The pilot’s union has secured partial paid time for Delta’s highest paid workers on the air or ground crew. Unions have stepped up to secure what our elected representatives failed to offer the vast majority of our corporate-employed, low-wage workforce. Teamsters struck a deal with UPS, for example, to pay workers who need to quarantine because of their own, or a family member’s, COVID-19 diagnosis, for up to two weeks. Walgreens, has agreed to offer two weeks’ paid sick leave with a diagnosis. So has Target. Kroger has offered nothing at all.
Walmart’s statement says, “In times of need, we see communities come together to do extraordinary things. This pandemic is no different.” The extraordinary things this company, owned by a family with a personal net worth of over $190 billion, and a fiscal revenue of $524 billion is doing: Offering two weeks’ pay for workers who can prove they’ve contracted the virus. Good luck getting a test if you’re poor in America. Walmart has also pledged $25 million in philanthropy towards organizations working on detection and prevention of the virus, or to feed the poor during this time. Another bitter irony: The poor they’re feeding may be many of their 1.5 million workers. The average cashier earns $11.26 a hour, according to Payscale, and the average sales associate earns just 30 cents more; in the best of times, over half of Walmart employees can’t afford food every week. Meanwhile, Walmart has expanded their hours so these workers can clean and sanitize their stores from a virus that could kill many of them.
The exemption from federal policy has caused confusion for employees even when companies have said they’ll offer paid leave. Brittany Legowski makes $12.34 an hour—as does her boyfriend and their roommate—working in an online-grocery pickup, for Alice Walton, the richest woman in the world, at a Walmart in Menomie, Wisconsin. In the past two weeks, Legowski told me, every day has been as panicked and crazy as Black Friday, while she’s been struggling to figure out her rights, knowing they aren’t protected by the federal government. Asking about paid leave, “I was told, ‘Nope that doesn’t apply for you.’ It seems like every manager gives a different answer,” she told me. “HR won’t give me answers. The story they’re telling the public doesn’t feel the same as what they’re telling us in the stores.”
In Malvern, Arkansas, Mendy Hughes, a single mother of four, who has been working as a cashier at Walmart for ten years, is worried that Washington won’t hold Walmart to a higher standard. “It’s just wrong,” she says. She’s described customers coming in, coughing like mad, showing symptoms, while she isn’t even given protective gloves or a mask to wear as they hand over cash from less than a foot or two away. Her son is now showing symptoms, and can’t get a test. Hughes has diabetes, which puts her at higher risk. If she does contract the virus, from a customer, or her own kid, it’s hard to imagine that two weeks of paid time off, unenforced by the government, by the grace of a company that doesn’t pay her enough to buy the gloves they won’t provide her, is going to cut it.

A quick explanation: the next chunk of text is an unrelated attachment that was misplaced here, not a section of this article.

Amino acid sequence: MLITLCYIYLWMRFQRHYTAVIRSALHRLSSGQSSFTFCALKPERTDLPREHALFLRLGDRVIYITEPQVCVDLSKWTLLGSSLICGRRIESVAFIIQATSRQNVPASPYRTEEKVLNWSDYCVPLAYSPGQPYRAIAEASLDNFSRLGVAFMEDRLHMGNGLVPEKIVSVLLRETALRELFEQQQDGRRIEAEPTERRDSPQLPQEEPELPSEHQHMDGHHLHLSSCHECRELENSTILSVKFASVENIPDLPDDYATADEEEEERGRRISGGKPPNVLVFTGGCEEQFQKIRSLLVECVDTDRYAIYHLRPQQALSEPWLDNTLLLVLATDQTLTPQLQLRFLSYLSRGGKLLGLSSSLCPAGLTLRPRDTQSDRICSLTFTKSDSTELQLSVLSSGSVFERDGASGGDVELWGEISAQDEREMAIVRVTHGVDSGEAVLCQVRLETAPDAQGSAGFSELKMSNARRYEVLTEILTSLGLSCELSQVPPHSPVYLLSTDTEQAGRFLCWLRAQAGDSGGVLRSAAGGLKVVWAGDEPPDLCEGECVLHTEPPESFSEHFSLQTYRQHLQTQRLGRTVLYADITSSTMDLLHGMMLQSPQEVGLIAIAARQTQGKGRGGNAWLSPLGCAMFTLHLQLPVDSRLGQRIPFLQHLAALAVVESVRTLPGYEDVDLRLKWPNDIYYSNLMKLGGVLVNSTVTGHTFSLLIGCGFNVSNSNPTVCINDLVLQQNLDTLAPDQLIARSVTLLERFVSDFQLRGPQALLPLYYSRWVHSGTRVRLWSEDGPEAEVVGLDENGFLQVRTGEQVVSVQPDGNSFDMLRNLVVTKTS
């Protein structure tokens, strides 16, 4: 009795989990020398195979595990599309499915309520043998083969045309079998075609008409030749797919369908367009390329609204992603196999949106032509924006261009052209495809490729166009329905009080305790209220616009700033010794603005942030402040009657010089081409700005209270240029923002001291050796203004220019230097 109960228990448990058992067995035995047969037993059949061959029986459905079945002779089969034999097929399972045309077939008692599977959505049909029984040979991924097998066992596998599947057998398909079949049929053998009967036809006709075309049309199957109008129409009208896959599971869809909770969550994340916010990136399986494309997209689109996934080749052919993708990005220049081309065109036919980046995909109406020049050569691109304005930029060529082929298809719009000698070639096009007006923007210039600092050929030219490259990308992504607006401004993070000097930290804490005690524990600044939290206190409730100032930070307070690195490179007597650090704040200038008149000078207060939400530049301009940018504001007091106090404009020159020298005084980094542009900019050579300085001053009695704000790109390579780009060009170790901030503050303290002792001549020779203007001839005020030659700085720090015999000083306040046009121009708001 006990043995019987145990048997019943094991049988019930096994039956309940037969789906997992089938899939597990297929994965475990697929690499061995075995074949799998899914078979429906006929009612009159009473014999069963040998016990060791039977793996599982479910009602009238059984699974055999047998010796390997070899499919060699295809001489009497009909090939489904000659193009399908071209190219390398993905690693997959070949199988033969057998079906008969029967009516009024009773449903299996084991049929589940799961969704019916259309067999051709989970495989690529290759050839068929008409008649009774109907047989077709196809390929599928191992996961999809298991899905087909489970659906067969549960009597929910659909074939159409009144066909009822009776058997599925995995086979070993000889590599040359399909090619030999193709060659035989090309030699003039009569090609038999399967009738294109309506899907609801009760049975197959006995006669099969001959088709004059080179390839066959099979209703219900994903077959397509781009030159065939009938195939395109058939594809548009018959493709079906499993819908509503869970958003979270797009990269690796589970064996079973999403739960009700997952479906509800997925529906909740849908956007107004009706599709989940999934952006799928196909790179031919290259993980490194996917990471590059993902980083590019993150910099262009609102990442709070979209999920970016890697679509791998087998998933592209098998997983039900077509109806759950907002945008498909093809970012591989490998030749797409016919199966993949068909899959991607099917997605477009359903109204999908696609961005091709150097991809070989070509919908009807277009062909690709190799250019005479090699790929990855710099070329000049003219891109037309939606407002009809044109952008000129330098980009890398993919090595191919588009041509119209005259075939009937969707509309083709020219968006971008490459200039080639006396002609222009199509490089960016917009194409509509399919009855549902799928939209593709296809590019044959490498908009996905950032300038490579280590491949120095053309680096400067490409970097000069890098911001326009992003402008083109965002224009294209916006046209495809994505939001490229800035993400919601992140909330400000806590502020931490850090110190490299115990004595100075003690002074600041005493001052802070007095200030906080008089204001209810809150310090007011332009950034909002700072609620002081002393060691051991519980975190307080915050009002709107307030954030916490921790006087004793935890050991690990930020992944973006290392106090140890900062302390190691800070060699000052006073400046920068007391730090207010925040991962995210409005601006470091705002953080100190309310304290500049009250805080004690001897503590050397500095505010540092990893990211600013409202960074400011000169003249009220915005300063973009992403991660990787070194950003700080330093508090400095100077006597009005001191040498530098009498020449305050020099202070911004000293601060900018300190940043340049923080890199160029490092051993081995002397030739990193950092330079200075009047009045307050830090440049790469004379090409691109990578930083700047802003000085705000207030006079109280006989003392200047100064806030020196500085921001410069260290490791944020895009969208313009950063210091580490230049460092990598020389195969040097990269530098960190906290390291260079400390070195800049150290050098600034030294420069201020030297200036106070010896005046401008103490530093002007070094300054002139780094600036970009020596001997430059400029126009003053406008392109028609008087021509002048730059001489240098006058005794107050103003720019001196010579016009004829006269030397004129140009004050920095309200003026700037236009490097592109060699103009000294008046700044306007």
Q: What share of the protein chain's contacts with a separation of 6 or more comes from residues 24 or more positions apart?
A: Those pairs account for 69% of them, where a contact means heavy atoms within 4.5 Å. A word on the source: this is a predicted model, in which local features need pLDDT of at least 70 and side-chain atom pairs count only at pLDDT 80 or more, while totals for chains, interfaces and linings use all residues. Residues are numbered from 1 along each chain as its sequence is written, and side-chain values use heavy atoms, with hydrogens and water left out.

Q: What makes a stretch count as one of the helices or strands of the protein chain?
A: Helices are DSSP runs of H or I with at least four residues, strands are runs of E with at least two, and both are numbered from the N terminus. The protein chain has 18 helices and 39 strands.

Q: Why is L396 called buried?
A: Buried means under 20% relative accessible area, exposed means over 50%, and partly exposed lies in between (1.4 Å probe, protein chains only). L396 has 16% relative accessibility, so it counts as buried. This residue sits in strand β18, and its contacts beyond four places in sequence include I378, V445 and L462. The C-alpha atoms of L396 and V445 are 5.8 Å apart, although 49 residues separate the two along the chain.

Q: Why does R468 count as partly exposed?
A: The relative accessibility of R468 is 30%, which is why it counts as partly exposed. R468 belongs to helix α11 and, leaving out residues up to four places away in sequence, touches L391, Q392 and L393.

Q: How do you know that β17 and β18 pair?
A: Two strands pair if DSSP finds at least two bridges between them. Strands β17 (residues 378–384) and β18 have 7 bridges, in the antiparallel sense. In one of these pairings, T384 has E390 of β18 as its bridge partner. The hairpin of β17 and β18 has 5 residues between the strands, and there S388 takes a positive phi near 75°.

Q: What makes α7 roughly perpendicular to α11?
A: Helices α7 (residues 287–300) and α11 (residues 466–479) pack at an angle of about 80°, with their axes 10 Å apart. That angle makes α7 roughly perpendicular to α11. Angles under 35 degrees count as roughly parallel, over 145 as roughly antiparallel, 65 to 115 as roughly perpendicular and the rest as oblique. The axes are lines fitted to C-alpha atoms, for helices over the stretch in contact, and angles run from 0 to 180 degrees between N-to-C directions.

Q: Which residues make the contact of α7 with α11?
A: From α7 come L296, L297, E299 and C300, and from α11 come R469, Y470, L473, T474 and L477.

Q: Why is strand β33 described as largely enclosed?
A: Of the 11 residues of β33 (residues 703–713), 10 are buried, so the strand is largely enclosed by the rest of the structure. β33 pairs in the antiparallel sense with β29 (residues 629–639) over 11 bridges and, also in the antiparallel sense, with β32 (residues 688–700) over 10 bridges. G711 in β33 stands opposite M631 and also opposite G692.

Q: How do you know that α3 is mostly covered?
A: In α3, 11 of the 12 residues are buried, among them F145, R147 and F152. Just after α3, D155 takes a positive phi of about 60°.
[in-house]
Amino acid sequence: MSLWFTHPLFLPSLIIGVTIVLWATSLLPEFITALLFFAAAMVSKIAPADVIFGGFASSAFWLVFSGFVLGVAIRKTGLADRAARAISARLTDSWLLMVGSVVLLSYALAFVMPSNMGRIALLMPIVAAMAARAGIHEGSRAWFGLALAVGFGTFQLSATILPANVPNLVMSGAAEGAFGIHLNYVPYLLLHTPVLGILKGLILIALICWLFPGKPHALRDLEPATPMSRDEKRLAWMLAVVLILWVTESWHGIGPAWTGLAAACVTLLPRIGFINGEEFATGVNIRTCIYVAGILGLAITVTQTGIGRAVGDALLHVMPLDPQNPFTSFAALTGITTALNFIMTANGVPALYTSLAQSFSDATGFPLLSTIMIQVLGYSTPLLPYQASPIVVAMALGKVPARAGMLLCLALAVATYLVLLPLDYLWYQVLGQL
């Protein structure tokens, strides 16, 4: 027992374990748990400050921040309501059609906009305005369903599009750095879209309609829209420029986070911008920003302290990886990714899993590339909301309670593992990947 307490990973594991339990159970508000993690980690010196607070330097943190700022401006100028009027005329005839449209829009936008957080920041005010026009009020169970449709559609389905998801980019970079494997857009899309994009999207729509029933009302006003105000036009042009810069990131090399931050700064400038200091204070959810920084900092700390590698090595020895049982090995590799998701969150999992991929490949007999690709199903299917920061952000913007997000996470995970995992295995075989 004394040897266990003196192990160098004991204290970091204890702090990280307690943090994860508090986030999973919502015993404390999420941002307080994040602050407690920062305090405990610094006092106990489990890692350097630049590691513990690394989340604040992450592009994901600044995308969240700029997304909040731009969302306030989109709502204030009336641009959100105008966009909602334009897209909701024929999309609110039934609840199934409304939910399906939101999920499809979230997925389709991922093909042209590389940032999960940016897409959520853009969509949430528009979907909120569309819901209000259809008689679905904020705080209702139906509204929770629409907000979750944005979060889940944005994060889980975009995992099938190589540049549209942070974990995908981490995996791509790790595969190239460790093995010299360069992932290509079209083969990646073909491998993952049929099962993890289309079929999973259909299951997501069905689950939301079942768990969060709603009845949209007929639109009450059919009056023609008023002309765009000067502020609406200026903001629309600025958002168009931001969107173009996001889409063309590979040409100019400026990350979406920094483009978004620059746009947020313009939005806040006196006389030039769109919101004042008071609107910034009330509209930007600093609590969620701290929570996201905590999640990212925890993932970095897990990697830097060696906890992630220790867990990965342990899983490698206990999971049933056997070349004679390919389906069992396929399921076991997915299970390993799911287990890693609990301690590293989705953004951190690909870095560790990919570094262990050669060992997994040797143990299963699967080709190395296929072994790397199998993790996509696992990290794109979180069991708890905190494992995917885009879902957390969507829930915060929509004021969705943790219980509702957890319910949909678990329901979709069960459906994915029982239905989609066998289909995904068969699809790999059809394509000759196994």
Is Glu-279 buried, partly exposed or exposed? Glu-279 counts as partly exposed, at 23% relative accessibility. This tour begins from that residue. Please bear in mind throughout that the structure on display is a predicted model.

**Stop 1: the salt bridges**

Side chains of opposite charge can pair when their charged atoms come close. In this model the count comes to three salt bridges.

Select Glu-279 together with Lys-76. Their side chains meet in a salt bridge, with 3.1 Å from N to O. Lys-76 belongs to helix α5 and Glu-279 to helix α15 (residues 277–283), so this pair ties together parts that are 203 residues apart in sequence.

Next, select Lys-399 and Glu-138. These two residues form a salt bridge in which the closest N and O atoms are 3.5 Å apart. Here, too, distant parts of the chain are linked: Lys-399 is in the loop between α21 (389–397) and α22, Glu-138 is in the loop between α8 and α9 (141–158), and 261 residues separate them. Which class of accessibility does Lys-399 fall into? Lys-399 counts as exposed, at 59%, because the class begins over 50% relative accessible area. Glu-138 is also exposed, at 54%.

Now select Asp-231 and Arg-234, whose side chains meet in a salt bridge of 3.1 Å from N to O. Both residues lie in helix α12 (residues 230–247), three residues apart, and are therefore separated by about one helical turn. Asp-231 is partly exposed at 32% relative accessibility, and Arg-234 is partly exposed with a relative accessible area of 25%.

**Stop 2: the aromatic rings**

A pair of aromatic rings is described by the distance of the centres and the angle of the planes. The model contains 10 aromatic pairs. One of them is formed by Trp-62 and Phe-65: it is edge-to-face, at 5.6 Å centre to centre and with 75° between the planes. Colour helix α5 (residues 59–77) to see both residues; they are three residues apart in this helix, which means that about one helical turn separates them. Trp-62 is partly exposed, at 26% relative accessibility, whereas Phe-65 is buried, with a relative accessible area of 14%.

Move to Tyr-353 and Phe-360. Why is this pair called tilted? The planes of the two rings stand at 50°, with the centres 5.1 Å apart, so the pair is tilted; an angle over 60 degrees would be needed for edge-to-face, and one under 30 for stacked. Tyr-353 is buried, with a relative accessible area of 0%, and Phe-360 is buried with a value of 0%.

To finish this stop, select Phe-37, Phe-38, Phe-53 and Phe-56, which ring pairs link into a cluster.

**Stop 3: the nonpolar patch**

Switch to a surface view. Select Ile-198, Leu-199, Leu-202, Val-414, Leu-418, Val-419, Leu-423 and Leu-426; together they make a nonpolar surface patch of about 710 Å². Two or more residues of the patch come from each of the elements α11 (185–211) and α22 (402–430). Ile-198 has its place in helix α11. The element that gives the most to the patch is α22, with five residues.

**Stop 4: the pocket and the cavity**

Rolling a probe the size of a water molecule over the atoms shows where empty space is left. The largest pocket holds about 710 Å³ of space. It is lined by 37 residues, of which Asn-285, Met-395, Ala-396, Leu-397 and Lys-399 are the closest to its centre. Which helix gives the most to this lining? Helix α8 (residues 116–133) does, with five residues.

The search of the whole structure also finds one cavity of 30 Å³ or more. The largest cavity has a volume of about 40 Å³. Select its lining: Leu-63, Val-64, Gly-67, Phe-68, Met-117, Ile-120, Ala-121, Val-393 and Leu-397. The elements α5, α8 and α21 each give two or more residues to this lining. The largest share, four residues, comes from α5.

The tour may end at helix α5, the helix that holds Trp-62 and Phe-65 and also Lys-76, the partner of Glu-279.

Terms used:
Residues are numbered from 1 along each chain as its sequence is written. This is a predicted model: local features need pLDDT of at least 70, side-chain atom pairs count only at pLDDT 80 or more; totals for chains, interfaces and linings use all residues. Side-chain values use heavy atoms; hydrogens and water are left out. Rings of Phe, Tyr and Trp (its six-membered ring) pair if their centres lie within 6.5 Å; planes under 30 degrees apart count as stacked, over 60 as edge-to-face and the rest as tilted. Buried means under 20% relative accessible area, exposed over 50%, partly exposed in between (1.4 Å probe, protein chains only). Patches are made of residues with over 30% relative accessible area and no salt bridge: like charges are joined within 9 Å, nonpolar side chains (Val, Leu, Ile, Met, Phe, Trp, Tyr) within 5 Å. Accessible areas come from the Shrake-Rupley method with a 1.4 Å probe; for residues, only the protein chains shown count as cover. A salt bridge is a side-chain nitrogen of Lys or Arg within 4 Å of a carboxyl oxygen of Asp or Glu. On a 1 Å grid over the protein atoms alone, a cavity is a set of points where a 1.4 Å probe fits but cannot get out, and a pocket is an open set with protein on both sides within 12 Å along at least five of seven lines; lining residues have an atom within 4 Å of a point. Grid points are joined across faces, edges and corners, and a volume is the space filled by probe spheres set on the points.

If our vociferous proponents for paid leave, like Sen. Kirsten Gillibrand (D-NY) and Rep. Rosa DeLauro (D-CT) on the Hill, or labor advocates working for not-for-profits—which are non-exempt now—had been heard over years of insisting that paid leave was a necessity and not just to care for new babies but sick workers, we’d be in a very different place today. Gillibrand and DeLauro’s FAMILY Act has been long ignored by their colleagues, who will be paid by tax dollars rather than corporate money, whether she shows up to work or not during this crisis.
“For more than a decade we’ve been talking about how there are real public health needs to be addressed,” Wendy Chun-Hoon, Director of Family Values @ Work told me. “We actually know how to do this—every other country in the world knows how to do this. But we don’t have the right policy in place. And this is not the only time, this is a moment in time that will probably repeat itself. We’re going to face this again.”
Lauren Sandler is an award-winning journalist whose essays and features have appeared in Time, The New York Times, Slate, The Atlantic, The Nation, The New Republic, The Guardian, New York Magazine, Elle, among other publications. ‘This Is All I Got’, a book of narrative nonfiction about a young homeless mother in New York, will be published by Random House in April. She is also the author of the bestselling ‘One and Only: The Freedom of Having an Only Child,’ and ‘The Joy of Being One and Righteous: Dispatches from the Evangelical Youth Movement.’ She lives in Brooklyn.
Co-published with Dame Magazine.